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During the first half of the 20th century, and especially in the years following World War I, it became common for some developers and property owners to impose discriminatory restrictive covenants when selling real estate. These covenants appeared in many places across the United States and typically targeted people who were not white or were of certain faiths.
Hennepin County Covenants mapDiscriminatory restrictive covenants have not been enforceable since a 1948 U.S. Supreme Court decision, and such discrimination was outlawed in Minnesota in 1962 and nationwide in 1968; however, these covenants did help create the segregation in the Twin Cities region that persists to this day. Our region has some of the largest racial disparities in the country in terms of income, wealth, home ownership, education and health. And because these covenants were contained in recorded documents, they remain on the official property record even though they no longer have any legal effect.

You can find additional information on the University of Minnesota’s Mapping Prejudice website, including an extensive collection of data & maps and the Twin Cities Public Television documentary Jim Crow of the North.

What are other units of government doing?
• In 2019 the Minnesota Legislature passed a law (M.S. 507.18) to allow property owners to renounce a restrictive covenant on their property by recording a specific legal document.
• To provide an incentive for property owners to renounce restrictive covenants, Hennepin County has waived the recording fee.
Just Deeds• The Golden Valley Human Rights Commission started a project to help community members renounce restrictive covenants. The project relies on volunteer experts to provide free legal and title services to help property owners find out whether such covenants exist on their property and, if so, to formally renounce the covenants. Golden Valley has invited other cities to participate in the project, the Just Deeds Coalition, and is coordinating efforts to make volunteer experts available to property owners in other cities. For more information please visit the Just Deeds Coalition website.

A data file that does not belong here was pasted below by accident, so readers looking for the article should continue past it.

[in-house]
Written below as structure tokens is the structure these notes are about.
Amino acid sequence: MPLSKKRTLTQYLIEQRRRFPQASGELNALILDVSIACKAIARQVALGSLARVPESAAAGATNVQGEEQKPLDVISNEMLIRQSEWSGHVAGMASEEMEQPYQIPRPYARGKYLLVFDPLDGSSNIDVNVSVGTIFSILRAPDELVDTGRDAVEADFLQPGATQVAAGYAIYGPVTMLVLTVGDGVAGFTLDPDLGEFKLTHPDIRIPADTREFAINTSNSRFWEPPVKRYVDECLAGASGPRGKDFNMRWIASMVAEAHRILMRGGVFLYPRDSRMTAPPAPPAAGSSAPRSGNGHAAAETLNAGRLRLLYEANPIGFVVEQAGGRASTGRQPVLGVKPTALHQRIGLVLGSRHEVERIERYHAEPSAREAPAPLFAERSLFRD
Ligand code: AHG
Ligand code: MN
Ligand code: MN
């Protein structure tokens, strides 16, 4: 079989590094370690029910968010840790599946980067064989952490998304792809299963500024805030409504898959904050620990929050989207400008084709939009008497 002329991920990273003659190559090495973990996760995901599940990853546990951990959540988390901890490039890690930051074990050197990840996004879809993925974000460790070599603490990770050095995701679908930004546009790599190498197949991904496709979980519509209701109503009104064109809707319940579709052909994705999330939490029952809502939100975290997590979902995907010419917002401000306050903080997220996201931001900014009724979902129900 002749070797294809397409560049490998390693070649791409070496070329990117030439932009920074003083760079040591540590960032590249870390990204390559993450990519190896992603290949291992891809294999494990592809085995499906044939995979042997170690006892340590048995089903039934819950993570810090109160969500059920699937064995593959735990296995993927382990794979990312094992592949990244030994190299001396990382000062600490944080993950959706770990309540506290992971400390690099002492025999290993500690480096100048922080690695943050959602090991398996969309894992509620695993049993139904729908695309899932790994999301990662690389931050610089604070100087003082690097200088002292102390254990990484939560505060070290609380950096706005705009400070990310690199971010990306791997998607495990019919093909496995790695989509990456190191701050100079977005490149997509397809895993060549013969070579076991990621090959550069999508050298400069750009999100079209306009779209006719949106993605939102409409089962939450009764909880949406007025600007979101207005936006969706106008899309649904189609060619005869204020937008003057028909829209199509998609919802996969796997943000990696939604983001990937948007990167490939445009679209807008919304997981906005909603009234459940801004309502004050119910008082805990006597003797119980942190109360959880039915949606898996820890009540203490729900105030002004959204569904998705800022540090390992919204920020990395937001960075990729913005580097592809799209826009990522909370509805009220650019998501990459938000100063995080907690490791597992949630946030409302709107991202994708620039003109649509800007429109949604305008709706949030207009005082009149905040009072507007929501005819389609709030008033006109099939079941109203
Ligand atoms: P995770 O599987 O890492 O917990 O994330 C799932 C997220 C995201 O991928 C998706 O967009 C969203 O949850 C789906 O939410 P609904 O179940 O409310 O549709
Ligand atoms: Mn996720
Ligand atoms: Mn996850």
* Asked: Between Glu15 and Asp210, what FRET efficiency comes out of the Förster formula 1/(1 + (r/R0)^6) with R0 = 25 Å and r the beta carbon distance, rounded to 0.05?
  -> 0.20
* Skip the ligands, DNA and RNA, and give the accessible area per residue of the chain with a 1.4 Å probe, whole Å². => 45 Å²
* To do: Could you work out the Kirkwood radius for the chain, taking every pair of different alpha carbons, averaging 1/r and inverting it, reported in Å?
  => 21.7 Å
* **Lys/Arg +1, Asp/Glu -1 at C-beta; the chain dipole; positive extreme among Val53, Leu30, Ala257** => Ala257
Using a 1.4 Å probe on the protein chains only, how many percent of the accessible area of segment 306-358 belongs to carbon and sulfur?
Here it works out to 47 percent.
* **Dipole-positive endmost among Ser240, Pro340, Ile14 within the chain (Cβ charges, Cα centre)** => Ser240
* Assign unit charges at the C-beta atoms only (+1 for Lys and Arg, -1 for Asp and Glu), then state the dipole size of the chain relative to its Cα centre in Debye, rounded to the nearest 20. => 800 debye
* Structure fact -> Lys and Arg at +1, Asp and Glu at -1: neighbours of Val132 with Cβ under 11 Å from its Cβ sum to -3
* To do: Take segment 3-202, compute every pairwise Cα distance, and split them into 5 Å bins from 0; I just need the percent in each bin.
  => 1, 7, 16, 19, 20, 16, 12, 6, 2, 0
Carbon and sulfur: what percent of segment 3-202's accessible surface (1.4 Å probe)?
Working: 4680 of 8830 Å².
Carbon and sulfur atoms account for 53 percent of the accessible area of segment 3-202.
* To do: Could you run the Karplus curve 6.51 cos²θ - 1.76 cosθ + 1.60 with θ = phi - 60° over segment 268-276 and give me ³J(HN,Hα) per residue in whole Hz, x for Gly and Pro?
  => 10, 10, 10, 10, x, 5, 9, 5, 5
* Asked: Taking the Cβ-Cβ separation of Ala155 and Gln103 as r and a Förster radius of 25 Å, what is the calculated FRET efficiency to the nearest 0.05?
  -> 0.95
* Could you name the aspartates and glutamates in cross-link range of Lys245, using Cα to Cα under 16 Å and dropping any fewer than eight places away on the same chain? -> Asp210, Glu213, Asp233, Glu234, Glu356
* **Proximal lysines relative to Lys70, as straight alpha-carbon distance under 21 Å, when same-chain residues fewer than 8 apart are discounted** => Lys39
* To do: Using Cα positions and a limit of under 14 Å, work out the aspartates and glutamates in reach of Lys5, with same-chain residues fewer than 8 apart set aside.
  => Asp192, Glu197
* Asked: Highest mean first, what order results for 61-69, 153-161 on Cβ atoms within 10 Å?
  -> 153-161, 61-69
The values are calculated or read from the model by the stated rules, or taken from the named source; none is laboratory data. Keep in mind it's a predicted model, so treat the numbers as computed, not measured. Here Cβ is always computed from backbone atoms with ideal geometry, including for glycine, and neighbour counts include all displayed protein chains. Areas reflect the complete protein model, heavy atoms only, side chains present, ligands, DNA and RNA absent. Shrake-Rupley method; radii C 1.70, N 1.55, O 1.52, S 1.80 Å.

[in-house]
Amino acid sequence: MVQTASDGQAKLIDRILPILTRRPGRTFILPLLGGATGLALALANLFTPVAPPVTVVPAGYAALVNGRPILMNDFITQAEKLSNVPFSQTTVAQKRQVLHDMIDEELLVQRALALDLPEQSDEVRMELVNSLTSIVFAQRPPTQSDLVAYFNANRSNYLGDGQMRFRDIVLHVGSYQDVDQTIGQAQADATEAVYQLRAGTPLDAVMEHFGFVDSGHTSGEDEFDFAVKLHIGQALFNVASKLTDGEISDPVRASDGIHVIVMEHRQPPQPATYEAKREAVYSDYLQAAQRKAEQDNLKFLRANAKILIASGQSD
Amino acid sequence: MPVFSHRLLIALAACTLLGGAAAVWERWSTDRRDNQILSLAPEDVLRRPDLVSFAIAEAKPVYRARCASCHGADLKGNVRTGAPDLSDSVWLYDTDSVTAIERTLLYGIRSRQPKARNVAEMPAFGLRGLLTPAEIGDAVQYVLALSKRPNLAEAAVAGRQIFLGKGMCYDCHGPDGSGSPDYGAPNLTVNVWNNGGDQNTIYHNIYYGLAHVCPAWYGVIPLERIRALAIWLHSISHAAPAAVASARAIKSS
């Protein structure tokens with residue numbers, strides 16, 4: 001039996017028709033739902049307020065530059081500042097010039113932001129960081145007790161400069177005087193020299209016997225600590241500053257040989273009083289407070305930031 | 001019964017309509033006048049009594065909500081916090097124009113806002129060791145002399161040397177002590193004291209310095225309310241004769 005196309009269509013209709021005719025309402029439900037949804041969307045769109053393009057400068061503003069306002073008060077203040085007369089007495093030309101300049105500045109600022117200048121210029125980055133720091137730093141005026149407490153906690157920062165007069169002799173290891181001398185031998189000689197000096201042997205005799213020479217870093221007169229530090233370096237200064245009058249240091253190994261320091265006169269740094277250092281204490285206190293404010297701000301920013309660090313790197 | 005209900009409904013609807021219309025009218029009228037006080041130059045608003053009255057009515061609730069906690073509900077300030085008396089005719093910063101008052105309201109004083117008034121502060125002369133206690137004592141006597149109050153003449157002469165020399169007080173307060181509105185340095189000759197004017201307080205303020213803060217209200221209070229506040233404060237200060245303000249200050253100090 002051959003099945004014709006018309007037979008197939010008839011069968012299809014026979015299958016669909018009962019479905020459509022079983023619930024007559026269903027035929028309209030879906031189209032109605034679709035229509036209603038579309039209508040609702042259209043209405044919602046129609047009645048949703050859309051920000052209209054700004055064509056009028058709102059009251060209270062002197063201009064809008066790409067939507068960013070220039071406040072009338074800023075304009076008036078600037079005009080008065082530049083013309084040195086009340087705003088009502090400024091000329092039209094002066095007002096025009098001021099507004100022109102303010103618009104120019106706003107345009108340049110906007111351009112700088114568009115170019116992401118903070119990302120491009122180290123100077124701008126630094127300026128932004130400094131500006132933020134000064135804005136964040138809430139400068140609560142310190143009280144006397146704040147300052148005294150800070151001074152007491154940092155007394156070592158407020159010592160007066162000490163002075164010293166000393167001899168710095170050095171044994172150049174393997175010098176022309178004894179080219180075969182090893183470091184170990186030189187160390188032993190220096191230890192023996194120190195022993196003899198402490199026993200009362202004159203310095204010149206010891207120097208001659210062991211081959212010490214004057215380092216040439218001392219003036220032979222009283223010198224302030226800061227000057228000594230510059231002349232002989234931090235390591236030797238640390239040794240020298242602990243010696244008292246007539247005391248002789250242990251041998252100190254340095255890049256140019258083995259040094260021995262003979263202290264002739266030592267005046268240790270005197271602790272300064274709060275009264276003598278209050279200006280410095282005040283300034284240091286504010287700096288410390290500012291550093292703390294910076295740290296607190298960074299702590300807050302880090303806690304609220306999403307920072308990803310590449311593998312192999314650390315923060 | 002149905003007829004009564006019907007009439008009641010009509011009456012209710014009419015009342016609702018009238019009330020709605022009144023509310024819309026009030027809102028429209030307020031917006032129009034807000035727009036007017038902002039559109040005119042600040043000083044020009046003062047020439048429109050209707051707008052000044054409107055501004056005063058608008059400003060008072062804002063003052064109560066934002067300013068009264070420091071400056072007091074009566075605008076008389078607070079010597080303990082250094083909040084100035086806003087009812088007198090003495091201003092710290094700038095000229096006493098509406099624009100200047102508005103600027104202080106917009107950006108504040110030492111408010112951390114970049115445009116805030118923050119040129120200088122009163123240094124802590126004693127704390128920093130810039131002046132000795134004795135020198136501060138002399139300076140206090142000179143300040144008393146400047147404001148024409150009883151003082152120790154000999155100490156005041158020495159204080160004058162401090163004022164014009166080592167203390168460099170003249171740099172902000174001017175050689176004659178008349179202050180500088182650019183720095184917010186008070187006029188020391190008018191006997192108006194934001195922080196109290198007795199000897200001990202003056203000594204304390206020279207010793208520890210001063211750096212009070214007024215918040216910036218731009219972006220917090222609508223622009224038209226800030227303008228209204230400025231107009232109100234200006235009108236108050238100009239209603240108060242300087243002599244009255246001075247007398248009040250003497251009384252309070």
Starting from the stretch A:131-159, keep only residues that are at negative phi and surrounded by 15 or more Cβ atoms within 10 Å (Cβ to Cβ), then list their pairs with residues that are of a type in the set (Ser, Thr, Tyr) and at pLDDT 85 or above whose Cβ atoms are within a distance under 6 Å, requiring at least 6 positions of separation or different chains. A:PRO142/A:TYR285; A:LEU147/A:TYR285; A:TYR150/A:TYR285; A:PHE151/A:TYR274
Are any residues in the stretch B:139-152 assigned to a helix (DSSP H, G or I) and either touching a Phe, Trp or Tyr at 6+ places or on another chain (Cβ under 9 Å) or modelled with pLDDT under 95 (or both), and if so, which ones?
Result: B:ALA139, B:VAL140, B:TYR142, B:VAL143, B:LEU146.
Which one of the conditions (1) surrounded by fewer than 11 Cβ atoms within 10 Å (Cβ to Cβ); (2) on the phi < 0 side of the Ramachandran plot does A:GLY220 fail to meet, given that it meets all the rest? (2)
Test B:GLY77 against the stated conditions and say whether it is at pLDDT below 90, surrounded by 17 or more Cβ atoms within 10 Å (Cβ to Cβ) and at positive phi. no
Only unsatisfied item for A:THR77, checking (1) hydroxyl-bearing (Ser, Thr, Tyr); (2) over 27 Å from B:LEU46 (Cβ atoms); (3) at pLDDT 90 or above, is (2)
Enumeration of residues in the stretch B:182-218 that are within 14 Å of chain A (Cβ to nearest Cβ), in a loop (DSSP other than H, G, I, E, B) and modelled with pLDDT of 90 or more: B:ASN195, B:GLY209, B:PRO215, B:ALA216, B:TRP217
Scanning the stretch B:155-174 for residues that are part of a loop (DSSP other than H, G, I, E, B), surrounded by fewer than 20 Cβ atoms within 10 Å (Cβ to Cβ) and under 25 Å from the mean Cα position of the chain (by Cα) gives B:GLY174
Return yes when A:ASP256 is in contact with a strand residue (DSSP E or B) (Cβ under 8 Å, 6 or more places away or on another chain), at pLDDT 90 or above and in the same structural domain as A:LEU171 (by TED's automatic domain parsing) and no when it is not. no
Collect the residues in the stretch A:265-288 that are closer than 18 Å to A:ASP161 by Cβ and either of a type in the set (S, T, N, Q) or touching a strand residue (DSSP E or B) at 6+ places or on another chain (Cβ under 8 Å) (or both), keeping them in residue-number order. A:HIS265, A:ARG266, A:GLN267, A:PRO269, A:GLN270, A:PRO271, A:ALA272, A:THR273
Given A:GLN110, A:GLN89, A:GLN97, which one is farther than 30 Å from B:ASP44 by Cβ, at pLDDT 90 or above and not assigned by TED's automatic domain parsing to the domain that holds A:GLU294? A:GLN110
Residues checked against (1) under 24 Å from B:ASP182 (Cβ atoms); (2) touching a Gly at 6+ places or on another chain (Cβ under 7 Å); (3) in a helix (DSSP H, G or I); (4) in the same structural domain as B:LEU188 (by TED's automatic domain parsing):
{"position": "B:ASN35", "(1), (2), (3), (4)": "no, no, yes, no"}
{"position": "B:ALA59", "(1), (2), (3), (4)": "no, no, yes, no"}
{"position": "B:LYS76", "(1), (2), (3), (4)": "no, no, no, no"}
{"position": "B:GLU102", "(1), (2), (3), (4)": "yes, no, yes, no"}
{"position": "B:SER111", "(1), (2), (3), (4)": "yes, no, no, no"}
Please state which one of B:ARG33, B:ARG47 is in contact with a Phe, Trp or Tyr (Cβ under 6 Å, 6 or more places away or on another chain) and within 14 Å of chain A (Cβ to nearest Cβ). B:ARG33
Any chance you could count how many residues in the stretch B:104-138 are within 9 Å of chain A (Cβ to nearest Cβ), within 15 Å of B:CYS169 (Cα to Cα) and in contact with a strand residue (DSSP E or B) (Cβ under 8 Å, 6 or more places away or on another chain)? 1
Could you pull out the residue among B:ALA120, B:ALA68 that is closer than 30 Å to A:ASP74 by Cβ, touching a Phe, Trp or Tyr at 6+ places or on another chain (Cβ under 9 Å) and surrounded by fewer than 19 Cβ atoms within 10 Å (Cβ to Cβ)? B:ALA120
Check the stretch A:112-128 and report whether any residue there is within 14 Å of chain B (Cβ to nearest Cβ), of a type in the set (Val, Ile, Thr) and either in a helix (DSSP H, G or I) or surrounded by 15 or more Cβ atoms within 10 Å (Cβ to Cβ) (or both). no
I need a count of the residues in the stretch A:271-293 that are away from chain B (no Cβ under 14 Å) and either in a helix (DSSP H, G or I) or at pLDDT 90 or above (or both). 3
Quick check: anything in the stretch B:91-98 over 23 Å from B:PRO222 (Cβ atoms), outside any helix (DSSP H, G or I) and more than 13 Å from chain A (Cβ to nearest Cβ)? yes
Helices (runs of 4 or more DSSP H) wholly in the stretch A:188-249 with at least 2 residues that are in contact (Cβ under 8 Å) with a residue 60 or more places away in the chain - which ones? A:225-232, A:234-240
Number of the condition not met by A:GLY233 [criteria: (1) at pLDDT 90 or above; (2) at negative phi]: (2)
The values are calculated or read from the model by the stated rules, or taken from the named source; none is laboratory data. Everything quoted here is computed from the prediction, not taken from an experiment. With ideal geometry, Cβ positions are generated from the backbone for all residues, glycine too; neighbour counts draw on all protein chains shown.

Crystal Area Covenants MapWhat is the City of Crystal doing?
Approximately 5% of Crystal’s 7,600 houses are known to have a discriminatory restrictive covenant (see the map on the left). These covenants are found in portions of 8 of the city’s 14 neighborhoods, and mostly in the Welcome Park, Lee Park and Valley Place neighborhoods.

Crystal is joining with other cities in the Just Deeds Coalition to provide information about the existence and history of discriminatory restrictive covenants and connect property owners with volunteer legal and title experts to help them renounce such covenants on their property. The City of Crystal is also exploring taking action to renounce any discriminatory restrictive covenants on land it owns.

You can view an interactive map showing Hennepin County properties known to have discriminatory restrictive covenants. Please note that most properties with such covenants are shown on this map – but not all. 

Is there a discriminatory covenant on your property?
Example of CovenantTo get started looking for a discriminatory restrictive covenant on your property, and to request assistance with renouncing it if one is present, follow the instructions on the Just Deeds Request Form. There is also an easy to submit request form below. 

Upon receipt of your completed form, city staff will connect you with a volunteer title and legal expert who can help you determine whether there is a discriminatory restrictive covenant on your property, and if so, help you complete the process of renouncing it by preparing and recording the specific legal document to renounce the covenant if you choose to do so.

Direct any questions to [email protected] and Crystal staff will respond.
Just Deeds Request Form (Crystal Properties only)
Property Address:   
Property I.D. Number (if known):   
Your Name:   
Spouse's Name (if married):   
 Phone Number:   
Are there other property owners?:   Yes   No 
 If yes, list names of other property owners:   

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